Government plods towards IMF deal

Government plods towards IMF deal

Pakistan has managed to convince

the International Monetary Fund (IMF) to reduce external additional loan requirements to $6 billion amid the government’s desire to give an Rs150

billion subsidized petrol package to motorcyclists

In order to avoid an objection by the IMF, roughly Rs150 billion annual subsidy on account of Rs25 to Rs50 per

liter is planned to be recovered from car owners, according to discussions that took place at the Prime Minister’s House on Monday.

“The proposal is to raise the petrol price in the range of Rs300 to Rs325 per liter for car owners but reduce it

to Rs250 to Rs225 per liter for motorcyclists,” according to sources.

Prime Minister Shehbaz Sharif is throwing a new challenge to the economic team at a time when the

the finance ministry and the State Bank of Pakistan (SBP) are already grappling with the issues of arranging $6 billion in more loans and a further

hike in interest rates.

A high-ranking government functionary told The Express Tribune that the IMF and Pakistan last week found a middle ground on

the issue of the external financing gap.

“Against the IMF’s earlier estimates of a $7 billion external financing gap,

both sides have now agreed to reduce the estimates to $6 billion,” he added.

The $1 billion reduction in financing needs means, lowering the new loan requirement by the same amount.

While addressing a news conference last week,

Finance Minister Ishaq Dar said he had valid reasons to believe that the external financing gap was not $7 billion but $5 billion.

“The reduction has been achieved by marginally reducing the projection of the current account

deficit and lowering the foreign exchange building requirements,” he added.

The current account deficit is now being projected around $7.7

billion — as against the earlier IMF projection of $8.2 billion, he added.

Another roughly $500 million is being reduced against the projected foreign exchange reserves required for the current fiscal year.

“The IMF is now willing to consider the foreign exchange reserves level equal

to 1.7 months of prospective imports cover,” according to the senior government functionary.

Pakistan’s gross official foreign exchange reserves stand at $4.3 billion — not enough for one month of import cover.

However, despite shaving off $1 billion from the estimates, Pakistan’s woes have not ended. It still has to arrange assurances from the regional countries for $6 billion in additional loans.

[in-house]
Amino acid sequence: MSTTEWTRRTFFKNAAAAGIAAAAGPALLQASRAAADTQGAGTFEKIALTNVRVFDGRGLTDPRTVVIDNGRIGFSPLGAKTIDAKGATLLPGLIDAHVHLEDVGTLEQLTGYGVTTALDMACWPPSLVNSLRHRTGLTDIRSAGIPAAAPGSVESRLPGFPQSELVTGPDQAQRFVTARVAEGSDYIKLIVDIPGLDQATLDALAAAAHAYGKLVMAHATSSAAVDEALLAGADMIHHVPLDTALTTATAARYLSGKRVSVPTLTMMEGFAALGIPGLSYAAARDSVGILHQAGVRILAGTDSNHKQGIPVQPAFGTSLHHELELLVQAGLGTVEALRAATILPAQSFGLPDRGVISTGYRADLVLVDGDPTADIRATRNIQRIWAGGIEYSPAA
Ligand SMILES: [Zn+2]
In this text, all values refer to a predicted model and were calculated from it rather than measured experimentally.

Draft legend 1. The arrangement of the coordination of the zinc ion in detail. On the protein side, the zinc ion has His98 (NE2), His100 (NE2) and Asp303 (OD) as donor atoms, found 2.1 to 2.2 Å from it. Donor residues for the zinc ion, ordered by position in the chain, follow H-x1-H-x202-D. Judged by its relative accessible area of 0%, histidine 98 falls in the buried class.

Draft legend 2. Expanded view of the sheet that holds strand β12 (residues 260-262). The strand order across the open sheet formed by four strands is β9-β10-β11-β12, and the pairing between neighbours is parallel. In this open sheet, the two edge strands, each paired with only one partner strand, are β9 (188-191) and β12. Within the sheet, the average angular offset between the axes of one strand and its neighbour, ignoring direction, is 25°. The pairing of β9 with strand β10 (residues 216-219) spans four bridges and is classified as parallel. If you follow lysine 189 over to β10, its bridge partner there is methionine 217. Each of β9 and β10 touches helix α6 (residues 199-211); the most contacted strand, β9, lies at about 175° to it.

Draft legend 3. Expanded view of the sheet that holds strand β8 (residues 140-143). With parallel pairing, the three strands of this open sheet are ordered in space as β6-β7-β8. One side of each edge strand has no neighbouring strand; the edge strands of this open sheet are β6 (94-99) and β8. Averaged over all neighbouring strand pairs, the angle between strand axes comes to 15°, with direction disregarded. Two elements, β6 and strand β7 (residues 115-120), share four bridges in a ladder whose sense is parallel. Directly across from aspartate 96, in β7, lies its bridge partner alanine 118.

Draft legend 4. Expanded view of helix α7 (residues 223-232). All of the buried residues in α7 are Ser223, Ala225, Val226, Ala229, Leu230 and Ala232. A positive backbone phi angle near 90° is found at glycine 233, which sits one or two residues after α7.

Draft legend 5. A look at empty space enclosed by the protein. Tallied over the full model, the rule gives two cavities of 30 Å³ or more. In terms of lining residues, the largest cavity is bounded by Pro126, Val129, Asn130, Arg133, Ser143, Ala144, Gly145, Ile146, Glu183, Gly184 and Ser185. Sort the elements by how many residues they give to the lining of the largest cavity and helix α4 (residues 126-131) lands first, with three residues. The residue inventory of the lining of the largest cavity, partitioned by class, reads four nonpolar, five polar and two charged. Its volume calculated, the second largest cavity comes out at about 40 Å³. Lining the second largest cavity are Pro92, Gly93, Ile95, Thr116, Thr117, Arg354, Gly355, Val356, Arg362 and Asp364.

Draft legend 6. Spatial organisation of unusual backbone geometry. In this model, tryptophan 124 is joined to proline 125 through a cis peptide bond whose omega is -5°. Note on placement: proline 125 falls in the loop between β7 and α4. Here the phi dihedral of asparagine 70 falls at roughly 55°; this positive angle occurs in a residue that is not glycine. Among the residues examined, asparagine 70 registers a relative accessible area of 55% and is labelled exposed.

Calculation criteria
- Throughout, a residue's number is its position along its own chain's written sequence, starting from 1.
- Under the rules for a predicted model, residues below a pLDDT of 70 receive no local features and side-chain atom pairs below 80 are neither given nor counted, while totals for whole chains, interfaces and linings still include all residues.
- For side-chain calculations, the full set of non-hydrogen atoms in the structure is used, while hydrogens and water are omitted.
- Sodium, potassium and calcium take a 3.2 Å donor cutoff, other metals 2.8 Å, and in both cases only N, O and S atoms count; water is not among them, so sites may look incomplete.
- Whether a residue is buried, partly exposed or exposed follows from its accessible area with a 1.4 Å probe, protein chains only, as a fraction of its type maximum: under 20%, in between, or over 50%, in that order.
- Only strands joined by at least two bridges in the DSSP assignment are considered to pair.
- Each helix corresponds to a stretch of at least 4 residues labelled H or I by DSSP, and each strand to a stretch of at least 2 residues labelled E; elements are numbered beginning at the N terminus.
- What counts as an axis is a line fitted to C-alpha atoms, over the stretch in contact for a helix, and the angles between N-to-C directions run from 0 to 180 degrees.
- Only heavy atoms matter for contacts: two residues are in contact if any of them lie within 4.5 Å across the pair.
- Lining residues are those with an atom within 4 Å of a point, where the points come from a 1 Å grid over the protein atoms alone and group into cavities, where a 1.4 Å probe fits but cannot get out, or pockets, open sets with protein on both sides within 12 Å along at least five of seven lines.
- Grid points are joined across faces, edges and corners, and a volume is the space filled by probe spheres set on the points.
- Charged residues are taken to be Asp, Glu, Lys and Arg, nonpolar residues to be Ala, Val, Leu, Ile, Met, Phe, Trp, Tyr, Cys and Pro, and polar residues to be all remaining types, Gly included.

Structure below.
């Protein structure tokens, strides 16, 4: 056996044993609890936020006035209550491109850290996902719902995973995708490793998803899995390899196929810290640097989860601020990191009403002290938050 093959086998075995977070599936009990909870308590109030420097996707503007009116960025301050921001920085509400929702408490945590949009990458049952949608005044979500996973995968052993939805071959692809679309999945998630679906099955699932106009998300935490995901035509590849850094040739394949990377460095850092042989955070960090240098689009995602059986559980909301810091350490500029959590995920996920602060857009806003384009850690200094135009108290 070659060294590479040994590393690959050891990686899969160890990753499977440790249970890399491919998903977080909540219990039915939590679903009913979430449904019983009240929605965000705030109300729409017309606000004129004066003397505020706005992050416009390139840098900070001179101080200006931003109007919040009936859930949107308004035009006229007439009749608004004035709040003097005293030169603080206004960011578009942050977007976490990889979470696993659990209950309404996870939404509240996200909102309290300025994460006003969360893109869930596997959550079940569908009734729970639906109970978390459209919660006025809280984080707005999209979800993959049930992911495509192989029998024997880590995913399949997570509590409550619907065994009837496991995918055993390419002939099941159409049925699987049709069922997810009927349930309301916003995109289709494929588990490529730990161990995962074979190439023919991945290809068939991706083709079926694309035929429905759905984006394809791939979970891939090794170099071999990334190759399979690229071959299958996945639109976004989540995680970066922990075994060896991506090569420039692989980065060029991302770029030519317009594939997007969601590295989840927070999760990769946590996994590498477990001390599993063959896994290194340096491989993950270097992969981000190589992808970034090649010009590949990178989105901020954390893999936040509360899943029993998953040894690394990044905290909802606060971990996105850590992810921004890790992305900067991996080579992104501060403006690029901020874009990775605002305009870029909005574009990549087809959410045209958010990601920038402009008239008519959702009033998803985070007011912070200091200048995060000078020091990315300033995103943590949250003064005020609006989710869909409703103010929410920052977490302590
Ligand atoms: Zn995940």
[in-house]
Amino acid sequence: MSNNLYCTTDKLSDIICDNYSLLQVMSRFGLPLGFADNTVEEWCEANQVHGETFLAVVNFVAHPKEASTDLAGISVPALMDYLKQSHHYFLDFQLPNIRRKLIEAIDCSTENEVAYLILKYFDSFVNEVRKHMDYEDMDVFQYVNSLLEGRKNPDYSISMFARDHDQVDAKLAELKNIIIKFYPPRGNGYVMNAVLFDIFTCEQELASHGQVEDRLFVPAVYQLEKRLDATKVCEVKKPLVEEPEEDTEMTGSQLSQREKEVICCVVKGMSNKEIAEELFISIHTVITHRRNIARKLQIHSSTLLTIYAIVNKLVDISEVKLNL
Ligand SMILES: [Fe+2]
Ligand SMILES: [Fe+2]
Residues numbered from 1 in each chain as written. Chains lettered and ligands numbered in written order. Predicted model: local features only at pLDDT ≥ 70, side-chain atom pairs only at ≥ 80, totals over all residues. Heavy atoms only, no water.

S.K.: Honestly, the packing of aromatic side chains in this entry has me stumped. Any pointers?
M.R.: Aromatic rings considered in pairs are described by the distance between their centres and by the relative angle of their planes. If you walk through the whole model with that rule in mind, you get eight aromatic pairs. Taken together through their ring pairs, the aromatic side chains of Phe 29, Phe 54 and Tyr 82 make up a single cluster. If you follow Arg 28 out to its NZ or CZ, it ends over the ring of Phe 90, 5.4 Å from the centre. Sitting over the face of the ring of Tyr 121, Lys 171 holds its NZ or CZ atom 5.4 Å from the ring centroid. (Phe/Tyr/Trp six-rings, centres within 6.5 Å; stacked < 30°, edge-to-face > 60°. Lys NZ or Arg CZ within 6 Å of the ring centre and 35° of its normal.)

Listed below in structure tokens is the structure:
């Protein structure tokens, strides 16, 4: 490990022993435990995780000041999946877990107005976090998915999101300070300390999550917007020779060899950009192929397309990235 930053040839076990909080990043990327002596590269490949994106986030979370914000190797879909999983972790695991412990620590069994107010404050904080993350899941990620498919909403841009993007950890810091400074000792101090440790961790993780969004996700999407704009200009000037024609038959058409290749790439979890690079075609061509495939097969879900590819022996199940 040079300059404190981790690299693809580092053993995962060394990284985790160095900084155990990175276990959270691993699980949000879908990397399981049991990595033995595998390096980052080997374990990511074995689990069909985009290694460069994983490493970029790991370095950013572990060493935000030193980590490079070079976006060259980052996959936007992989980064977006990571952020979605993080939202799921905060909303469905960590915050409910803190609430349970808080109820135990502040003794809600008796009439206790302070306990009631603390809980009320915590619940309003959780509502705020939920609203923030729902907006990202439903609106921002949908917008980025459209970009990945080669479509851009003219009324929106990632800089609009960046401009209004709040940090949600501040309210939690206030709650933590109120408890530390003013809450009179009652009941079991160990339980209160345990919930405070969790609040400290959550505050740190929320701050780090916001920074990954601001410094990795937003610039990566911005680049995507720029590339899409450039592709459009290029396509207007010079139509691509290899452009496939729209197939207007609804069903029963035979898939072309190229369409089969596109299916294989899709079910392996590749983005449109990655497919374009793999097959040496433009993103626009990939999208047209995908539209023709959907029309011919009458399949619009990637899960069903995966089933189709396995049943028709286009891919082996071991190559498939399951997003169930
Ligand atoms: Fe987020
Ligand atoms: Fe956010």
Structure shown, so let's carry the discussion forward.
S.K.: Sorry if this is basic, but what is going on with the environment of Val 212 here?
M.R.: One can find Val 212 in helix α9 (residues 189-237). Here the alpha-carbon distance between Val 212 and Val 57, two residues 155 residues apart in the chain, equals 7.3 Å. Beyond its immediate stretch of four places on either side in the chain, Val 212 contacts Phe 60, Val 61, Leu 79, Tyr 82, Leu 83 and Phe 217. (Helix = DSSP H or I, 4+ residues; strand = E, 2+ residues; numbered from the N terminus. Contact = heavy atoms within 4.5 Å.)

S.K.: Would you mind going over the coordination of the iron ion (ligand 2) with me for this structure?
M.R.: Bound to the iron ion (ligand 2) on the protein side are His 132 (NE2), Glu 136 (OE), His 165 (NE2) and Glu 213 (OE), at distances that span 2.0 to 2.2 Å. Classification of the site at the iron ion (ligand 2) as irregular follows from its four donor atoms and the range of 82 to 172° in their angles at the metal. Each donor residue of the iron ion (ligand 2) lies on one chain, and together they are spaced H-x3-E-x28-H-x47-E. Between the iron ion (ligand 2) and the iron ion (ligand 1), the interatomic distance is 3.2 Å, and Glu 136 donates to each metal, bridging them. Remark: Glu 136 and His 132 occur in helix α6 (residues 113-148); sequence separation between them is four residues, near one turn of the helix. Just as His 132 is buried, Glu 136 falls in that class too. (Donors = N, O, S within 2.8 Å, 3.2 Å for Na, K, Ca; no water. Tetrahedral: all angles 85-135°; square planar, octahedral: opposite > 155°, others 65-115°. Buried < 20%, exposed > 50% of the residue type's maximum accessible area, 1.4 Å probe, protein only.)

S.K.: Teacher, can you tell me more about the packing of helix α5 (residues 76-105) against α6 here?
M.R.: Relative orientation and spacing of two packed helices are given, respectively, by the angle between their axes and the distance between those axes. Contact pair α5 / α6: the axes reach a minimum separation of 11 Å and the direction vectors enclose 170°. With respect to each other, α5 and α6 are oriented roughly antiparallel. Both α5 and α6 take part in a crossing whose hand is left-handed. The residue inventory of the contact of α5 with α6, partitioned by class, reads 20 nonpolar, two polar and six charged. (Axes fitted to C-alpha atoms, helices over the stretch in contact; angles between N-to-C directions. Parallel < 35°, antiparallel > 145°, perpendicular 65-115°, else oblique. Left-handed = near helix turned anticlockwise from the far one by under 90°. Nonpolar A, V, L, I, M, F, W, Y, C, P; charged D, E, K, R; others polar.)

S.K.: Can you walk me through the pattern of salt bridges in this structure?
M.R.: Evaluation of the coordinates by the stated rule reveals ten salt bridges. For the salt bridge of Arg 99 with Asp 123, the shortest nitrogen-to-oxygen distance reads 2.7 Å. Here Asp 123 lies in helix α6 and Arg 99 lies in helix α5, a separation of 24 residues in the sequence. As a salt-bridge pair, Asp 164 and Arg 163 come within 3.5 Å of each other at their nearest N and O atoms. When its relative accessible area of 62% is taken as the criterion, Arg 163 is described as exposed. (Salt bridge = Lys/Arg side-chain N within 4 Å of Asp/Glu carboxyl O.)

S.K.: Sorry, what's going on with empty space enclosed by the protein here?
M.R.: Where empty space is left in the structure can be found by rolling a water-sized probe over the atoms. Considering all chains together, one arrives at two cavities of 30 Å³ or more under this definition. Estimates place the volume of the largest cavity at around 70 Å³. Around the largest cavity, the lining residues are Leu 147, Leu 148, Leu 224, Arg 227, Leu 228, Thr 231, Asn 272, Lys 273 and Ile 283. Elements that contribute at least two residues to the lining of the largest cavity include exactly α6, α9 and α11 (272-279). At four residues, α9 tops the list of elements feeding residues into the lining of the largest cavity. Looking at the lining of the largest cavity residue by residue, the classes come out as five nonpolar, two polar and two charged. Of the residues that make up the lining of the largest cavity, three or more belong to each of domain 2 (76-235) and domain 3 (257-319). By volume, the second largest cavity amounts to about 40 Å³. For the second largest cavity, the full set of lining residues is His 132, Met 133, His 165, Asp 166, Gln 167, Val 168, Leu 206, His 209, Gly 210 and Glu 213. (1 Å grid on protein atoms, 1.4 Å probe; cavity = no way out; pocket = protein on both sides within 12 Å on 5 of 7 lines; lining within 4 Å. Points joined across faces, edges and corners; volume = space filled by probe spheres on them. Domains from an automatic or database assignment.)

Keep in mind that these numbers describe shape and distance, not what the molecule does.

Pakistan has claimed that it has so far $2 billion assurance from Saudi Arabia and

$1 billion from the United Arab Emirates (UAE), leaving it with a gap of $3 billion.

The sources said that Finance Minister Ishaq Dar

called on Monday to the finance minister of Qatar to get his country’s help bridging the financing gap.

The IMF is reluctant to announce a staff-level agreement until it is sure that the regional countries will bail out Pakistan.

In August last year, the directors of the regional countries China, Qatar, Saudi Arabia, and the UAE, had given assurances to the IMF board
that they would provide additional financing of $4 billion. But this did not materialize.

The finance ministry has a desire that the IMF should take the country’s case for board approval on March 24th – a date that seems

overambitious given the fact both sides have not reached a staff-level agreement.

So far, Pakistan has increased electricity prices,

gas prices, and fuel prices, devalued the currency and increased the interest rates by 3% to a record high level of 20%.

The sources said that the issue of interest rate hikes was not ultimately settled yet and another interest rate hike might be on the horizon. The central bank has already convened a meeting of the Monetary Policy Committee on April 4th.

After the recent hike,

the real interest rate was slightly positive compared to the core inflation. But the IMF calculated the inflation-adjusted positive interest rate from the headline inflation rate. Dr. Reza Baqir-led central bank had agreed to link the speed with the headline inflation. The headline inflation in February hit a 50-year high of 31.5%.

At the beginning of the IMF program in 2019, the policy rate stood at 10.75%, which has almost doubled. SBP Governor Jameel Ahmad did not respond to a question by The Express Tribune whether “the IMF has asked Pakistan to increase the interest rates further”

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